– to have a chance of a possible increasing of speed and reliability when you surf Internet; 
– if you want to delegate to a third “professional” part some security tasks (e.g. third party security filtering to protect yourself against phishing or viruses);
acces websites that are normally geoblocked by commercial policies/agreements or censorship imposed by Governments;
parental monitoring if you prefer to have a rough idea of what websites your children visit or if you whant to filter some specific contenents.
2 – Choose a reliable DNS provider
If you decide that you want to try a different DNS provider you need to choose a reliable one. A quick search on Internet will help you to find the most appropriate DNS Provider for your needs.
In this specific case we are examining how to configure the DNS from OpenDNS.com so, if you want to test it, you have to sign up for a free account on opendns.com or simply copy the DNS addresses you find in the bottom right of their homepage or sign up for a OpenDNS.com free account. In the last case, you have the possibility of monitoring your traffic in a professional statistical way and probably you will satisfy one or more of the reasons that may explain your choice to use different DNS.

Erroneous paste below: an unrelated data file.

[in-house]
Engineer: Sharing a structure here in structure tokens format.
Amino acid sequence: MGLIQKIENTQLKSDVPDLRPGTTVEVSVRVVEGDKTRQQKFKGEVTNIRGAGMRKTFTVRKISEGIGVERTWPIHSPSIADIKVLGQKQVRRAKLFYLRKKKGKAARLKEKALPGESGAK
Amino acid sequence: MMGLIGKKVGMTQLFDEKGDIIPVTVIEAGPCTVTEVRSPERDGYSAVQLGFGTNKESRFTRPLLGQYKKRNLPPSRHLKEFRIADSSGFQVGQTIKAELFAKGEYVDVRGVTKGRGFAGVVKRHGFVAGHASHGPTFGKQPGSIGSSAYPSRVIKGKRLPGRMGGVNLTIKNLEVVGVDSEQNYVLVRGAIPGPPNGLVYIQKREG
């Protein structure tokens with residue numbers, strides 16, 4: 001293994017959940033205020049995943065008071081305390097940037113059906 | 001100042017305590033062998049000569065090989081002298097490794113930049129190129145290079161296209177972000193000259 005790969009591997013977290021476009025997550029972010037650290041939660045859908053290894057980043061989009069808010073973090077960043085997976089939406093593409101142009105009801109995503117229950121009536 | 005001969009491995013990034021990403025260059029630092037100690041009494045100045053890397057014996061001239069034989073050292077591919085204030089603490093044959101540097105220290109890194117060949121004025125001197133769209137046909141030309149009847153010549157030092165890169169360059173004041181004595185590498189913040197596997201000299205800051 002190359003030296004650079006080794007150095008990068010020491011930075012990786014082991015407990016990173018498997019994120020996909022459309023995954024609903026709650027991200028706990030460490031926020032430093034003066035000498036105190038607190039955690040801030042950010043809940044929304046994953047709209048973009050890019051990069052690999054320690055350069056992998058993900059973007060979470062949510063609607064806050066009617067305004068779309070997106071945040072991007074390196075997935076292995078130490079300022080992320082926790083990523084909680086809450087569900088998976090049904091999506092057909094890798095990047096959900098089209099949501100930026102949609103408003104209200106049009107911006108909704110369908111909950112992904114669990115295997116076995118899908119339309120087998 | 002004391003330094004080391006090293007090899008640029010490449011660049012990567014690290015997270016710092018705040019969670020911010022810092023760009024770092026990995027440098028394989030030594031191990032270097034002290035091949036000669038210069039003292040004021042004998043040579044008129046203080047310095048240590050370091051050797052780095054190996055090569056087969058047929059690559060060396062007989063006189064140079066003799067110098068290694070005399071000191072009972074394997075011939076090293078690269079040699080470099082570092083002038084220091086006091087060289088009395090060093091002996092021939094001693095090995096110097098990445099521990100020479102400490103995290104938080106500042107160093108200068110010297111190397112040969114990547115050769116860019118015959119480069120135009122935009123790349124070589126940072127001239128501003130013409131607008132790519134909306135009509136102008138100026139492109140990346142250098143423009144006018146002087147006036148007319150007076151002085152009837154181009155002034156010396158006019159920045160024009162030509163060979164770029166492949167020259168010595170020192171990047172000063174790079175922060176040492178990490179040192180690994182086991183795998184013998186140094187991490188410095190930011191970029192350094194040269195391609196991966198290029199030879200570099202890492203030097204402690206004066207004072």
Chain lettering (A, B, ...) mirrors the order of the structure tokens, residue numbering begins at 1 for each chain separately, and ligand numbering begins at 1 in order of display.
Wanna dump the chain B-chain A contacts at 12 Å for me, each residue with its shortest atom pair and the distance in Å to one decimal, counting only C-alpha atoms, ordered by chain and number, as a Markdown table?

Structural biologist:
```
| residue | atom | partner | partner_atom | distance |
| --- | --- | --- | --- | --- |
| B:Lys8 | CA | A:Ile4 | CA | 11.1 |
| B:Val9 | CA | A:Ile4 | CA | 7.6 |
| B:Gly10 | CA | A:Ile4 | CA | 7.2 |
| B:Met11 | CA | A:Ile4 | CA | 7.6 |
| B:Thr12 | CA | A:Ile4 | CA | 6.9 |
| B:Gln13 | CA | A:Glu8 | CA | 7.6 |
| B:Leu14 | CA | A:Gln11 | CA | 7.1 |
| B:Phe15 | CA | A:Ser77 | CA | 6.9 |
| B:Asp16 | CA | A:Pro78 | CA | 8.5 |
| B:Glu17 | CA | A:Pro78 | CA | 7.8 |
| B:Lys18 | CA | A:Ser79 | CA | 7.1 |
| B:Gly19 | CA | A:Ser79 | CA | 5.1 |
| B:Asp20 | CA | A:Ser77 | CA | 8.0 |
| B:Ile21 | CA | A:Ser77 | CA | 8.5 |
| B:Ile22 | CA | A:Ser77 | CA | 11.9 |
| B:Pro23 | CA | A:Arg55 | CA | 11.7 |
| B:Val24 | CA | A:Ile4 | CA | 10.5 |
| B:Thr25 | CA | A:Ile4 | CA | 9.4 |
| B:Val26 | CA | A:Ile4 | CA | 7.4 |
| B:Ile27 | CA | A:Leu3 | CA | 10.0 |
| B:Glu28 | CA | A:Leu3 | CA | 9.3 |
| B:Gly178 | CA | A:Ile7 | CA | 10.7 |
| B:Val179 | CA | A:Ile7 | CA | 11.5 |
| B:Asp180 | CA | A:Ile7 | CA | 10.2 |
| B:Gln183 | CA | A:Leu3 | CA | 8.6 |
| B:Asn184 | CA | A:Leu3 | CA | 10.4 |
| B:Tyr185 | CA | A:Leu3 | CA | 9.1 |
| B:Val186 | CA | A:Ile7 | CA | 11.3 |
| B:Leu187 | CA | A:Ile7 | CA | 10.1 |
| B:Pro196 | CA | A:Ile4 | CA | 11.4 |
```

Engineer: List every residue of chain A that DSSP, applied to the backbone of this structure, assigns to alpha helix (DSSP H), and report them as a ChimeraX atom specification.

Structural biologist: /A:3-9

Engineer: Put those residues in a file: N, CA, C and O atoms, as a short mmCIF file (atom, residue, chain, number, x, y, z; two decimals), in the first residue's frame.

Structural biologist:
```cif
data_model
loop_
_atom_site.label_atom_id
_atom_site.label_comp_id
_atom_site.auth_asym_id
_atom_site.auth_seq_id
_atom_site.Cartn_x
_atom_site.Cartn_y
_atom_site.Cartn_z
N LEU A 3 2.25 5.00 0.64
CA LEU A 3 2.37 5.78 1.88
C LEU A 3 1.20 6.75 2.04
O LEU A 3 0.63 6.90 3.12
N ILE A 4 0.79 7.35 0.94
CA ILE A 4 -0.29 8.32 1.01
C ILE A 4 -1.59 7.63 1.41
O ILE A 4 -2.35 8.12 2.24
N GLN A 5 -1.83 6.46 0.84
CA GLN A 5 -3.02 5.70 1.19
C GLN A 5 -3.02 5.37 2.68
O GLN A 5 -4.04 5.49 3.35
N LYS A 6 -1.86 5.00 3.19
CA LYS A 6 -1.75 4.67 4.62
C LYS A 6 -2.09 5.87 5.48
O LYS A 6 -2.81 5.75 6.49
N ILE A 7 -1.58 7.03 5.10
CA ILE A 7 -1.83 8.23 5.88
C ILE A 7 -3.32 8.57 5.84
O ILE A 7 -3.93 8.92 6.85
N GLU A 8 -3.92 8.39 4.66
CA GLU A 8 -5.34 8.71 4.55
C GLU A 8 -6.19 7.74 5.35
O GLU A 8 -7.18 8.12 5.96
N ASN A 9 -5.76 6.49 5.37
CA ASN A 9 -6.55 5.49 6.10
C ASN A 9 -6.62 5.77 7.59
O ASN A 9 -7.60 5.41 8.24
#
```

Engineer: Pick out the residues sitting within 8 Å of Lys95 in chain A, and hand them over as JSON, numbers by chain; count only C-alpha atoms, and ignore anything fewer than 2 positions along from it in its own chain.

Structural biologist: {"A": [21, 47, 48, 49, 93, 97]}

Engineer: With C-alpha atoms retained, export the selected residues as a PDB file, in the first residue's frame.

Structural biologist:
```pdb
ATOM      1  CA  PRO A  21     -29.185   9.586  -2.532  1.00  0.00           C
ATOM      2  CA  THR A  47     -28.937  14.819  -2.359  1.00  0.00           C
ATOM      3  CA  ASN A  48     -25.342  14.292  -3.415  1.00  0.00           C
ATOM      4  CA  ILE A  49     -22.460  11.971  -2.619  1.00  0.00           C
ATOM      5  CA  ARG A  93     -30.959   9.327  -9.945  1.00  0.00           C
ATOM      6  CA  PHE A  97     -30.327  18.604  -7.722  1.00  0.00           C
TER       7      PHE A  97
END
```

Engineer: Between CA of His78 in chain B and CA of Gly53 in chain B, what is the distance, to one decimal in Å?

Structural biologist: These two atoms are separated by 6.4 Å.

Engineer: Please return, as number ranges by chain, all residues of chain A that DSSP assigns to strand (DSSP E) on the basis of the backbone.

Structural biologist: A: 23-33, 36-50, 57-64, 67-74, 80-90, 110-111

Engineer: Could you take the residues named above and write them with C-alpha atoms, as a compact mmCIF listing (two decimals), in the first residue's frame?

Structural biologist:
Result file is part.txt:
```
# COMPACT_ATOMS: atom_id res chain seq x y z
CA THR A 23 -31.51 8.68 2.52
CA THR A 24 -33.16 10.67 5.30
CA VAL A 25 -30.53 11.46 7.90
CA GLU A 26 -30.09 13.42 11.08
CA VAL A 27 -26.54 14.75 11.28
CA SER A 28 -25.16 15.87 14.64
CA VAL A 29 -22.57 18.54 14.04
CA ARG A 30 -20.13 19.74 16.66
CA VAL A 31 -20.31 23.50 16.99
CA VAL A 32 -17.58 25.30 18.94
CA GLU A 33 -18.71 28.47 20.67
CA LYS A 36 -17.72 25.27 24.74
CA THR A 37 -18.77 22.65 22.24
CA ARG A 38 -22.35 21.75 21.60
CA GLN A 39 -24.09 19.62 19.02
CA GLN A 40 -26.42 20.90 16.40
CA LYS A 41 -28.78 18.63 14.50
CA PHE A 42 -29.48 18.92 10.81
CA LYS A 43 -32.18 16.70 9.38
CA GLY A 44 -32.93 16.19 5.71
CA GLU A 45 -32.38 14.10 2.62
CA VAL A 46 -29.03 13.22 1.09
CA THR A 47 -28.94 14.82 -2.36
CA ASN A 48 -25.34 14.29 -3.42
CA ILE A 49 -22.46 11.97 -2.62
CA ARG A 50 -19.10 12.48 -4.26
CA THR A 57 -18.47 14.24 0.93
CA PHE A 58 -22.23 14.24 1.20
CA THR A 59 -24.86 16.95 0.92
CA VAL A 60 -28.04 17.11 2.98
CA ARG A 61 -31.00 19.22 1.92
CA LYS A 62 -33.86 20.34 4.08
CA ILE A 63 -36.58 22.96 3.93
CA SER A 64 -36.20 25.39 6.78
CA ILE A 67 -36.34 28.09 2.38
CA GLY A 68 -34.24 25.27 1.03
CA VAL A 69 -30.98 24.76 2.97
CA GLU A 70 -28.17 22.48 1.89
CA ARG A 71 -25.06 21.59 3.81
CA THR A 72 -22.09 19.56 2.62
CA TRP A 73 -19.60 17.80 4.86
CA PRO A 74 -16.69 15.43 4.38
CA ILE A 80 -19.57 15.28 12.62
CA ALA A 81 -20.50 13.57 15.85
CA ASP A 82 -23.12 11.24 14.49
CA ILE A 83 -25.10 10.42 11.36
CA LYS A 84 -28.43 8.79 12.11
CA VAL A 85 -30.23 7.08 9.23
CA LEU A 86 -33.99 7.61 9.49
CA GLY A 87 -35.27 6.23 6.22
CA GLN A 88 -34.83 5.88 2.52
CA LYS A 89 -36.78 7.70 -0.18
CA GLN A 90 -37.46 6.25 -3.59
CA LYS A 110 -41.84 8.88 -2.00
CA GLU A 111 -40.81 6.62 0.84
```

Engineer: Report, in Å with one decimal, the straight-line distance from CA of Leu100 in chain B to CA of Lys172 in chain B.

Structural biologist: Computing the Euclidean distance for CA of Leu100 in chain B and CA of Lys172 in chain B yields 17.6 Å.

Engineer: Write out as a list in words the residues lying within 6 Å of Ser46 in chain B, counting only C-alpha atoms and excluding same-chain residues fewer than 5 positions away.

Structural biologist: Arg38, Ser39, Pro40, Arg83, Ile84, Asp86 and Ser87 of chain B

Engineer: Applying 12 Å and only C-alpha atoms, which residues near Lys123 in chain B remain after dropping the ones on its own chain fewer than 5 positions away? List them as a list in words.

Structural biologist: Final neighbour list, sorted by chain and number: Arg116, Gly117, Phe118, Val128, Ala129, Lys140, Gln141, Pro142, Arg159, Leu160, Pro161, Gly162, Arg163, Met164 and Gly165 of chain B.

3 – Install DNS from OpenDNS on your router
If you want to use OpenDNS on your LAN you have to configure the router through the its configuration interface. The way you can do this varies from one router to another but in all the popular models you will easily find a specific sub-menu where you could activate the “use predefined DNS” option compiling the two addresses provided by OpenDNS.
In this way all your LAN traffic will be pipelined through OpenDNS and you will not need to singularly configure each computer you have.
dns4

Image from: oriental-press.com

4 – Install DNS from OpenDNS on your Linux computer
4a – Preliminary configuration.
The problem with opendns.com is that it doesn’t provide an official tutorial to correctly install its DNS on a Linux machine. For this reason you can follow this brief notes that I wrote after installing it on a Ubuntu 14.04 LTS Ubuntu computer.
Go to the OpenDNS.com support page dedicated to the installation on Ubuntu and follow their instructions:
I exactly followed all the instruction till the point 8 but, when I had big problems when I typed:
sudo ifdown eth0 && sudo ifup eth0
because this message appeared:
ERROR unknown interface eth0=eth0
The matter is that my ethernet is really named eth0 (I double checked using the commands ifconfig and netstat -r -n) but it was not possible to operate on it.
To solve this problem I used the Poorak’s Blog suggestion and I had to open the interface file via Terminal with:
sudo nano /etc/network/interfaces 

– or if you prefer:

sudo gedit /etc/network/interfaces
and manually add these lines:
auto eth0
iface eth0 inet dhcp
then I restarted my networking
sudo /etc/init.d/networking restart
4b – Install DDclient on Ubuntu if you have a dynamic IP